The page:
It was an egregious misuse of power on the part of [Hulse]," Farber said. "We figured everyone was going to be professional about it."

Price said that the Weld men went about their candidacy in the wrong way.

"I told them what process to take and they obviously didn't take that process," Price said.

Hulse said that the Weld collective candidacy represented a lack of commitment to the U.C.

"There was boundless evidence that they were maliciously trying to waste our time," Hulse said

Carter again protested, and the commission relented, listing him as "Jimmy Carter," according to Benjamin W.Hulse '99, the election commission co-chair.

The nomenclature hurdle crossed, Carter nonetheless was removed from the ballot for violating University rules.

Hulse received several complaints from students who did not know Carter but had received an e-mail from him soliciting votes.

"Why should you vote for Jimmy Carter? Well, for the name if nothing else. My only concern right now is resolving the clutter of postings that cover the gates to the Science Center," Carter wrote in his e-mail, which was obtained by The Crimson. "Because of my feelings on this, I am not hanging flyers to campaign."

Since sending mass e-mails to people one does not know is against Harvard Arts and Sciences Computer Services (HASCS) regulations, Hulse removed Carter's name from the ballot.

At an earlier introductory meeting for prospective candidates last week, Council President Lamelle D.Rawlins '99 had warned candidates only to send e-mail to acquaitances and friends.

"Peter D'Man"

On Wednesday night, at least 13 candidates were registered during a 25-minute time span from public terminals in the Science Center. Thirteen of these had last names beginning with the letter "A", and all lived in the Southeast Yard.

"That's a pretty good indicator that something's up," Hulse said.

Instead of sending all the candidates the usual confirmation e-mail, Hulse began calling the students to make sure they wanted to be registered. When the first four of these persons denied that they wanted to run for the council, Hulse decided that the other "A" registrations were fraudulent as well.

Included among these entries was a registration from Peter "D'Man" Ciganik'01, a resident of Weld.

Ciganik has previously twice attempted to register as a council candidate, under the pseudonym "D'Man." Because he did not provide a phone number, he was not allowed to register.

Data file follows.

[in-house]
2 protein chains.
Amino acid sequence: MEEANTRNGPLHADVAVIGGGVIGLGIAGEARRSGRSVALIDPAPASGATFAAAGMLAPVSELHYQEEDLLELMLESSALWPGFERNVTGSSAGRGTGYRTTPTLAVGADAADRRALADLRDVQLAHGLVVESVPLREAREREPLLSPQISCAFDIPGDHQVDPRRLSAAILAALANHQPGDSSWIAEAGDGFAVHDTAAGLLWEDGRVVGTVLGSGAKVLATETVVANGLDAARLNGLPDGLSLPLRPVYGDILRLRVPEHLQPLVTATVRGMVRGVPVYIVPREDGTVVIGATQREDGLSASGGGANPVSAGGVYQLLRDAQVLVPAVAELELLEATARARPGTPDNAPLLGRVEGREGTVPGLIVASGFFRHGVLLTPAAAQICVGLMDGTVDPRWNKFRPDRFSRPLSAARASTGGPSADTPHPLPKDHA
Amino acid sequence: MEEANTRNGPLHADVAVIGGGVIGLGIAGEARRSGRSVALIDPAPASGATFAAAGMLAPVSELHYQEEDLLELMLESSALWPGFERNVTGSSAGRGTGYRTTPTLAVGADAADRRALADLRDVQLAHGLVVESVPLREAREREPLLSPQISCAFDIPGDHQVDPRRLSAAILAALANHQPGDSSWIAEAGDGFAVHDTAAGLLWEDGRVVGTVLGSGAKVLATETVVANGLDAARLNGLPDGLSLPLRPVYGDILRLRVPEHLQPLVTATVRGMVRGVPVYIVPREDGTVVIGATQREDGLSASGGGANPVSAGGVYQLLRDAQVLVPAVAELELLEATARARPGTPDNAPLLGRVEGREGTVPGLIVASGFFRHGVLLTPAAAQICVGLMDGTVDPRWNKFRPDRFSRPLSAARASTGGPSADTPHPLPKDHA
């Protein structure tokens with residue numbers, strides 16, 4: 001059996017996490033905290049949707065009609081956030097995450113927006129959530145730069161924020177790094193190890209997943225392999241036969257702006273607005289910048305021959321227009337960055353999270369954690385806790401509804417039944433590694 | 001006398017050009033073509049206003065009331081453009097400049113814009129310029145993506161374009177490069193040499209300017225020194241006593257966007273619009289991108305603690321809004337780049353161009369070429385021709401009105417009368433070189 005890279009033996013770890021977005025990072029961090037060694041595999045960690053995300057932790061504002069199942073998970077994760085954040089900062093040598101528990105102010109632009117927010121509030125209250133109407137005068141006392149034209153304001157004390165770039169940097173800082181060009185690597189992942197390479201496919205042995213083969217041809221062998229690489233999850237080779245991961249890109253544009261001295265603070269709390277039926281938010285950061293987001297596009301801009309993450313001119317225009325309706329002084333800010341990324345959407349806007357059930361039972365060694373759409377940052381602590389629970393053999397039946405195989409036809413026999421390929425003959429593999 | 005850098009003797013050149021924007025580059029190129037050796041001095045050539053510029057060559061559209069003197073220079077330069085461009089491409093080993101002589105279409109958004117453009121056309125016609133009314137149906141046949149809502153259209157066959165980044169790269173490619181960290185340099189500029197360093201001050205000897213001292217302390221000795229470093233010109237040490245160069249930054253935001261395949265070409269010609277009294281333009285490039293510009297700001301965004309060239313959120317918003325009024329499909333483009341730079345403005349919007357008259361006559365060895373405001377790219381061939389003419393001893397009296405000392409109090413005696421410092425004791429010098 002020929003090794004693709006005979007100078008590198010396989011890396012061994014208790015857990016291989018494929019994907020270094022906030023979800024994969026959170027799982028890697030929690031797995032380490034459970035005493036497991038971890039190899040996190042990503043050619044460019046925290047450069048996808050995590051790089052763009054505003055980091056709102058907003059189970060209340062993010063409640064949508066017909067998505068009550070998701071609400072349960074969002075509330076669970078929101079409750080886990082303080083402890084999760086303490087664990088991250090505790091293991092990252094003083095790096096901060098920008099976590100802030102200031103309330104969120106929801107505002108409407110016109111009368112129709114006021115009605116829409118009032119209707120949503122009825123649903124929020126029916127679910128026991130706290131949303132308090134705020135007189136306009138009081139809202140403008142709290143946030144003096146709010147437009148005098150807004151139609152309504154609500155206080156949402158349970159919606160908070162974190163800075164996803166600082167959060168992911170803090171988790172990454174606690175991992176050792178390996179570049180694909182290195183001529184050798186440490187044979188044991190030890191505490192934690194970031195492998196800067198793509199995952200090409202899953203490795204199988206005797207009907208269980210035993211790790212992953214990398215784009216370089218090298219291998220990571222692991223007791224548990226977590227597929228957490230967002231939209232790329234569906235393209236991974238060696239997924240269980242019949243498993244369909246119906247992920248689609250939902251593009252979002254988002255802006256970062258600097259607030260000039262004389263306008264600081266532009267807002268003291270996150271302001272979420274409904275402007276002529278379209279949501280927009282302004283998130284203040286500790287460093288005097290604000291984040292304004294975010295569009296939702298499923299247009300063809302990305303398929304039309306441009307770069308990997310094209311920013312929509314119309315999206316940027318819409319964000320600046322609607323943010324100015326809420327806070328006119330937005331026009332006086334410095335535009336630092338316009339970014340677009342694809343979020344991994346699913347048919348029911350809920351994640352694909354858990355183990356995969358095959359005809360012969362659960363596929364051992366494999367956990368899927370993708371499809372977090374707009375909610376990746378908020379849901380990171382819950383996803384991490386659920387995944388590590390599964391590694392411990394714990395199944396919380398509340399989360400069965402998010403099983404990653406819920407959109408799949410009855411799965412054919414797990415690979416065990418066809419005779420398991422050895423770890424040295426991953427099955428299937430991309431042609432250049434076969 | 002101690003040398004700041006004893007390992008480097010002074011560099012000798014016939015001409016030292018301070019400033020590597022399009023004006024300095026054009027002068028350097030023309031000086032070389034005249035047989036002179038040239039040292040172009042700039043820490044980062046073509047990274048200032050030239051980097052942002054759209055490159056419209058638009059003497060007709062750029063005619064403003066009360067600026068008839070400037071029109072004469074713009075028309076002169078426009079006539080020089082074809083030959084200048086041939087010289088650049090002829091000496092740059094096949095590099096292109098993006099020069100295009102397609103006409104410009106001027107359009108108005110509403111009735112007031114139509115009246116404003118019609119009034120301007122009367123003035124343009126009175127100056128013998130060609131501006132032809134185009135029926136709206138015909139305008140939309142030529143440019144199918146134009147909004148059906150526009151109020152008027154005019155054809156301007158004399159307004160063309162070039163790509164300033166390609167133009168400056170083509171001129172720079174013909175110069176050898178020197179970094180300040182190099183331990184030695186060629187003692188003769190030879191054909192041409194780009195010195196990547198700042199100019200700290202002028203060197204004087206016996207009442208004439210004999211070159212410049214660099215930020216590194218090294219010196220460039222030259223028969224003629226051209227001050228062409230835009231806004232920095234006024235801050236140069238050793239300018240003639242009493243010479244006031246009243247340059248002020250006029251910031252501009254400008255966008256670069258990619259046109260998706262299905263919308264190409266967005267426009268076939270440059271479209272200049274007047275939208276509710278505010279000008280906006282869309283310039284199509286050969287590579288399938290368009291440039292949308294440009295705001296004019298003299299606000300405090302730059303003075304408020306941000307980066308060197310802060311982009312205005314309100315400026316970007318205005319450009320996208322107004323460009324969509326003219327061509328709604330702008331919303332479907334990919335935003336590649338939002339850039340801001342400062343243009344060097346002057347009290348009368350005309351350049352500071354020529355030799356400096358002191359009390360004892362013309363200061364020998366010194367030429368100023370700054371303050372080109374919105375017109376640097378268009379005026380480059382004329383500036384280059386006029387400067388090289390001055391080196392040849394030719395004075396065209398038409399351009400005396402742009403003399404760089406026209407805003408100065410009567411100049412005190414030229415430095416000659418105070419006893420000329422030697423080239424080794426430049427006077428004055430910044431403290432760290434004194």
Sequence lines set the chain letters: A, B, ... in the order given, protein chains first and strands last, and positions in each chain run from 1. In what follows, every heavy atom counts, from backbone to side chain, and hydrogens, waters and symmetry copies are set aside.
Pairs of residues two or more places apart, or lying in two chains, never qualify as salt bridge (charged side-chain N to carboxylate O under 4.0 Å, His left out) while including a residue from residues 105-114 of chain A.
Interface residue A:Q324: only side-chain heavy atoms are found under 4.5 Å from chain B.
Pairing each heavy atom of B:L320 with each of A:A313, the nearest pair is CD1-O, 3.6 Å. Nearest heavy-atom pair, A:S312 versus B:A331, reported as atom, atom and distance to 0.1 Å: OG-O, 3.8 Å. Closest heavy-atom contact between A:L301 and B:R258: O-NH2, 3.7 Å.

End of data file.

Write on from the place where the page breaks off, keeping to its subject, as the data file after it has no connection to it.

While investigating the "A" registrants, Hulse declined to register Ciganik, thinking his entry was fraudulent, Hulse said. And neither Ciganik nor any of the other candidates who were denied registration contacted Hulse when their names did not appear on the ballot.

Ciganik couldn't be reached last night.

"There's a relative lack of security in this submitting by Web," Hulse said. "I just trusted people to be serious about it."

Students have voted for council representatives over the Internet since last year, although this election was the first in which candidates could register on line.

All of the fraudulent registrations were made from Science Center computers and could not be traced to an individual user, Hulse said.

Weld 11

The six first-year residents of Weld Room 11 felt they could work well together from their first day at Harvard. Edward S.Baker, Scott G.Farber, Jacob E. Fleming, Arthur E.Koski-Karell, Matthew S. O'Hare and Joshua J. Wilske even converted one room of their suite into a casino in lieu of living in singles.

All six men were interested in running for the council, but were worried they would lose since they share the same friends.

"We thought that if we all ran we'd split the votes," Fleming said. "We know a lot of people, this room is a center of activity.

Rather than competing against each other for the six Southeast Yard council slots, the Weld residents asked Council Vice President Mark A. Price '98 if they could run as a single entity and split the responsibilities of one representative.

"The student body votes for the people they want to be there representatives," Fleming said. "If they thought that they would be better represented by a group than an individual, then let them vote for us."

Since he could find nothing in the council by-laws that explicitly prohibited a group to run for one Council seat, Price asked the six to submit a paper to him explaining their request, which he said he would then bring to the election commission, Price said last night.

Instead of following Price's instructions, the Weld residents decided to register since Price had seemed receptive to their requests. They purchased an e-mail address from an Internet service provider, "mailexcite.com," to use for the group.

When he received their registration, Hulse decided to deny the students a slot on the ballot.

"I did not believe they were serious about running for the U.C.," Hulse said. "I knew it was a joke so I decided to treat it with a sense of humor," Hulse added.

"Y'all are freshmen. You have no rights individually, not to mention collectively," Hulse wrote them in an e-mail message.

The Weld residents had already begun to poster and to advertise their candidacy.

They again attempted to register, and were again refused a position on the ballot. After this attempt, the Weld students decided not to run for the council at all.

"We just decided that if this was the way the U.C. operated, we didn't want to be a part of it," Fleming said.

It was an egregious misuse of power on the part of [Hulse]," Farber said. "We figured everyone was going to be professional about it."

Price said that the Weld men went about their candidacy in the wrong way.

"I told them what process to take and they obviously didn't take that process," Price said.

Hulse said that the Weld collective candidacy represented a lack of commitment to the U.C.

"There was boundless evidence that they were maliciously trying to waste our time," Hulse said